Dwight Howard racks up as many cliches at press conferences as rebounds in a game.
What's the point of an NBA press conference anymore?
Players and coaches answer pretty much any question with a prepackaged, cookie-cutter cliche that just about any fan watching can predict. (The one exception here is Gregg Popovich, who simply shoots questions down dead in their tracks.)
Some cliches are inevitable. It's human nature to repeat what you've seen and heard your whole life, but some of these phrases are getting out of hand now. It's time to rethink the more egregious ones.
Having said that, at the end of the day, it is what it is. (Am I right?)
Let's look at seven cliches that we wish players and coaches would quit using.
Saying that someone has a "high basketball IQ" or "plays with a lot of heart" is a back-handed compliment. It's how you describe someone when they're not really good at anything but you don't want to dis them.
Luke Walton was the poster boy of the player with a "high basketball IQ." He didn't really belong on a basketball court, but because he was a willing passer who got more assists than any other statistic he was labeled as the guy with a "high basketball IQ." (Though people conveniently left out how awful he was as an inbounds passer in end-of-quarter and end-of-game situations.)
No one ever talks about superstars like this. Think Kobe doesn't have a high basketball IQ or that LeBron doesn't play with a lot of heart? Think again.
You hear people say all the time that a certain team is living by the three or dying by the three (or both). In reality, no NBA team actually dies by the three.
Every team designs their offenses to have an available three-point shooter open—especially in the corners—to space the floor and knock down open shots for that extra point.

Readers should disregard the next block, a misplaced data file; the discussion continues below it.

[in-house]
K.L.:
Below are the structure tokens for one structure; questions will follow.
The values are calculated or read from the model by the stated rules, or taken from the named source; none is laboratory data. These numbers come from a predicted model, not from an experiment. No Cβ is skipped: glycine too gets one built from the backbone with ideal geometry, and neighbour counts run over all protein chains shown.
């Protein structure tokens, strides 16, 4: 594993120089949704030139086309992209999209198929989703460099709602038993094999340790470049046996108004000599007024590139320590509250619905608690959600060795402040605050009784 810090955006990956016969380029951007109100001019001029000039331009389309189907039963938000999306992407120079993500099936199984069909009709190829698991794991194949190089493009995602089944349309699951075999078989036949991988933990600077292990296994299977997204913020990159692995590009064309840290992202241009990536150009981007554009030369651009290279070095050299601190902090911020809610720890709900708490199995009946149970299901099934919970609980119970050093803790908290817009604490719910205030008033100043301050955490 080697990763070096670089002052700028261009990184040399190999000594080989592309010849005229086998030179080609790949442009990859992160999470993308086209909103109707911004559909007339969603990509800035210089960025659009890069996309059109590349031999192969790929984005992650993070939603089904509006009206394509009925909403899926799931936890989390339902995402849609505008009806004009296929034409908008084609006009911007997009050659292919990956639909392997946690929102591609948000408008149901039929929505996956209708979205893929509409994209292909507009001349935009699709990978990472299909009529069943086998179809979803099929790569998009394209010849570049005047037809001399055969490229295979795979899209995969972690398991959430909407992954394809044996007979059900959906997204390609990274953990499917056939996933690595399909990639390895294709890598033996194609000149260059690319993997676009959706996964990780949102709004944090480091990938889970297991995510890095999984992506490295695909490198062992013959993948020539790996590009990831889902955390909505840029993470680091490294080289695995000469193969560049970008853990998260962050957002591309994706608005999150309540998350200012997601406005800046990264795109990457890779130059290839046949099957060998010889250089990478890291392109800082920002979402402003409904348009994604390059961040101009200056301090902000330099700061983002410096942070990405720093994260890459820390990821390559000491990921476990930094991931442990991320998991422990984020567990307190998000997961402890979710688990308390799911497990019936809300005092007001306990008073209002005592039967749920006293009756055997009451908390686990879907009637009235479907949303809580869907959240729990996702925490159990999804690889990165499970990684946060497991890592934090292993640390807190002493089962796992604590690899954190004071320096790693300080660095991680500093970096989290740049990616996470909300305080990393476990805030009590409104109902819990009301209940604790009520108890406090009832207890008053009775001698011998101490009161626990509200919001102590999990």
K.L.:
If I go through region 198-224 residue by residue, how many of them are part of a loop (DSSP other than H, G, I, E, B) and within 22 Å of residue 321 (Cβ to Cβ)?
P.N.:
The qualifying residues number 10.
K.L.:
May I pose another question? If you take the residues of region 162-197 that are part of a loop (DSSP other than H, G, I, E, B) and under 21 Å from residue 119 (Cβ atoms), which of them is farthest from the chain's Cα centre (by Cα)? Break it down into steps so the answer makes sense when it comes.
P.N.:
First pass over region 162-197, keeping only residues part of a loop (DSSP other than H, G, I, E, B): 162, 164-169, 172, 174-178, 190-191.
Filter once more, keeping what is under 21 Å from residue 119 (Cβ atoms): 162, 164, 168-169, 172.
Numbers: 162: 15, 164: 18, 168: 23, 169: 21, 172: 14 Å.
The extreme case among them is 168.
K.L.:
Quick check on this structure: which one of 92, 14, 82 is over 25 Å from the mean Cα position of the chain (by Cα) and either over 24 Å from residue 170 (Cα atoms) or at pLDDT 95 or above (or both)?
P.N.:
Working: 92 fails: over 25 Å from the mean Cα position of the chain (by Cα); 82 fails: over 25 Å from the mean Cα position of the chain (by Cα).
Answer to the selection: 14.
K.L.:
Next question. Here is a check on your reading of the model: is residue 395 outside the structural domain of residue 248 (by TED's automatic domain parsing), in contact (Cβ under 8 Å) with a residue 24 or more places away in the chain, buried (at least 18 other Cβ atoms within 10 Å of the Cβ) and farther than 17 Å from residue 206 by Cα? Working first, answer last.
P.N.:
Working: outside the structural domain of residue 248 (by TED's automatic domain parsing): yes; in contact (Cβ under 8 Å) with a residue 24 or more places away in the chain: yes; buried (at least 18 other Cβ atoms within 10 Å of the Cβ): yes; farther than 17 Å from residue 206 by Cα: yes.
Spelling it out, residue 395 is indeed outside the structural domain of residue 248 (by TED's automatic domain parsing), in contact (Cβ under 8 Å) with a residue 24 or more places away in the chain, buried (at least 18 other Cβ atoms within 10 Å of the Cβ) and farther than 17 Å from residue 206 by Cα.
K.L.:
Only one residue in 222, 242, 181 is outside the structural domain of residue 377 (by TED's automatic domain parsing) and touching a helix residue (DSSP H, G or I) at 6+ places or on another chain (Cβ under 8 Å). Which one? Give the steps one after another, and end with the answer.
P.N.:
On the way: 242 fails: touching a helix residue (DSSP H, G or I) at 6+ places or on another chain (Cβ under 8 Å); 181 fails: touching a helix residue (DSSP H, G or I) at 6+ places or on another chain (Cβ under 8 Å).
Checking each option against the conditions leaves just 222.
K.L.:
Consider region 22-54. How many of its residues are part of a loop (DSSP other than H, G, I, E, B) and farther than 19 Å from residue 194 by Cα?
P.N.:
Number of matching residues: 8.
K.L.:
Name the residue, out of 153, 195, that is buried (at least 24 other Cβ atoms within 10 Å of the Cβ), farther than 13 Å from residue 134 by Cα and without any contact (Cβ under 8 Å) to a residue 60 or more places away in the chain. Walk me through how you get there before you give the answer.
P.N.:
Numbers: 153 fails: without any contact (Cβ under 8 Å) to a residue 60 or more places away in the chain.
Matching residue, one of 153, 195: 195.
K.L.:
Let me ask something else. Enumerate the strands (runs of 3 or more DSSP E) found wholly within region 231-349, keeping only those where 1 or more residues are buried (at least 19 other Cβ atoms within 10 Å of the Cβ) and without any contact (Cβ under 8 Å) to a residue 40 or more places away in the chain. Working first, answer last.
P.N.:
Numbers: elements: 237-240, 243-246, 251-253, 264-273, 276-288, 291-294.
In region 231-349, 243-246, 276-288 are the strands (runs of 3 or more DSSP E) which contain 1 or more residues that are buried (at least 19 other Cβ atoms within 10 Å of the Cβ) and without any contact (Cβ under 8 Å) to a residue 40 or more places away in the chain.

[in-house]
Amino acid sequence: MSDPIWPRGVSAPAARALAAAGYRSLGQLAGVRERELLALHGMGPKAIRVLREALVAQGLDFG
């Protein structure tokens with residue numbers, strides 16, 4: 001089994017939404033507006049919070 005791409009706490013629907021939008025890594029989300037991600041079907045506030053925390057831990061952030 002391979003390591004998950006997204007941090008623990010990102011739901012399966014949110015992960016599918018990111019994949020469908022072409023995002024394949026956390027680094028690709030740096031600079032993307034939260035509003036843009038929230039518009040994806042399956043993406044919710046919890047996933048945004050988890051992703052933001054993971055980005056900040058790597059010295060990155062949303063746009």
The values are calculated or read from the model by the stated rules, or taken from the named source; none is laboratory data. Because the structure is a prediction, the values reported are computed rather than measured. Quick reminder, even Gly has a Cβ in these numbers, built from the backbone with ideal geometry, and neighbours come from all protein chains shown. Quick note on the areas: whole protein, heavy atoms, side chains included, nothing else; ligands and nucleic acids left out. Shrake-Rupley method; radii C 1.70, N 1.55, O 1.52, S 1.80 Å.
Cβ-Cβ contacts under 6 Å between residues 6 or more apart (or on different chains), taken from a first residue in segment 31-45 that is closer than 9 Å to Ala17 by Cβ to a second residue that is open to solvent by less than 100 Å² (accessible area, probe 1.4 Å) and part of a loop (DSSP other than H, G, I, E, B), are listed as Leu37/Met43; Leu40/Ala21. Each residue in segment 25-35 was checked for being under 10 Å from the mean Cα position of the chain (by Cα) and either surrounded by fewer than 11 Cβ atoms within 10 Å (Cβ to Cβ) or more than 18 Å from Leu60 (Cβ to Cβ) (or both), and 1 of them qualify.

It's been proven that taking more three-pointers improves your chances of winning. That's why teams like the San Antonio Spurs run sets that space the floor and dot the arc with shooters who can generate those extra points.
If you listen to NBA players and coaches, it is all about taking it one game at a time.
This phrase is applied to just about every situation. When a team is on a winning streak, they say they can't get too high and have to take it one game at a time. When a team is on a losing streak, they also need to take it one game at a time and not push things.
I refuse to believe that a team in Toronto has their mind totally focused on that game when they know they're flying to New York immediately after for a back-to-back against the Knicks and Nets (and not just because of the basketball games they have to play in there).
I wonder if Andrew Bynum has expanded this approach to taking it one injured knee at a time?
This is my favorite piece of NBA coaching expertise. Really, coach?? You have to make shots? I had no idea! What else do you have to do? Play defense? Have five guys on the court?
When asked about what they need to do to get better, coaches just revert to this tiresome cliche. It's basically like saying "I have no idea what we need to do to get better, we'll just wing it."
Where's the hard-hitting analysis I crave from inside sources like coaches?
You might hear this insightful cliche more from announcers than players or coaches, but it's still just as annoying.
Did they, in fact, want it more? How can you tell such a thing? The purpose of playing an NBA game is to win it. Why would one team want it more than the other?
If winning games is all about "wanting it," teams should stop practicing plays and start running desire-boosting drills at practice.
Yes. Yes it is.
I can't stand this one. I mean, what are you even saying??? (Correct answer: Nothing!)
These phrases are such cop outs. When someone asks a piercing question, can you please take the time to give a thoughtful response instead of saying it is what it is? I mean, what is it??? That's the entire point of the question!
As for "a win is a win," well, at least it's not a false statement.
No, he didn't. You know why? Because it's impossible! You can't give more than 100 percent!
I appreciate the sentiment and complimenting someone who's clearly—to use another cliche—leaving it all out on the court, but NBA players are expected to give their maximum effort every night. So we're basically complimenting someone for doing what they're supposed to do.
And why stop at 110 percent? Can a player give even more effort like, say, 120 percent? How can you tell the difference between the two? Someone get Nate Silver on the phone to statistically disprove this chronically overused cliche.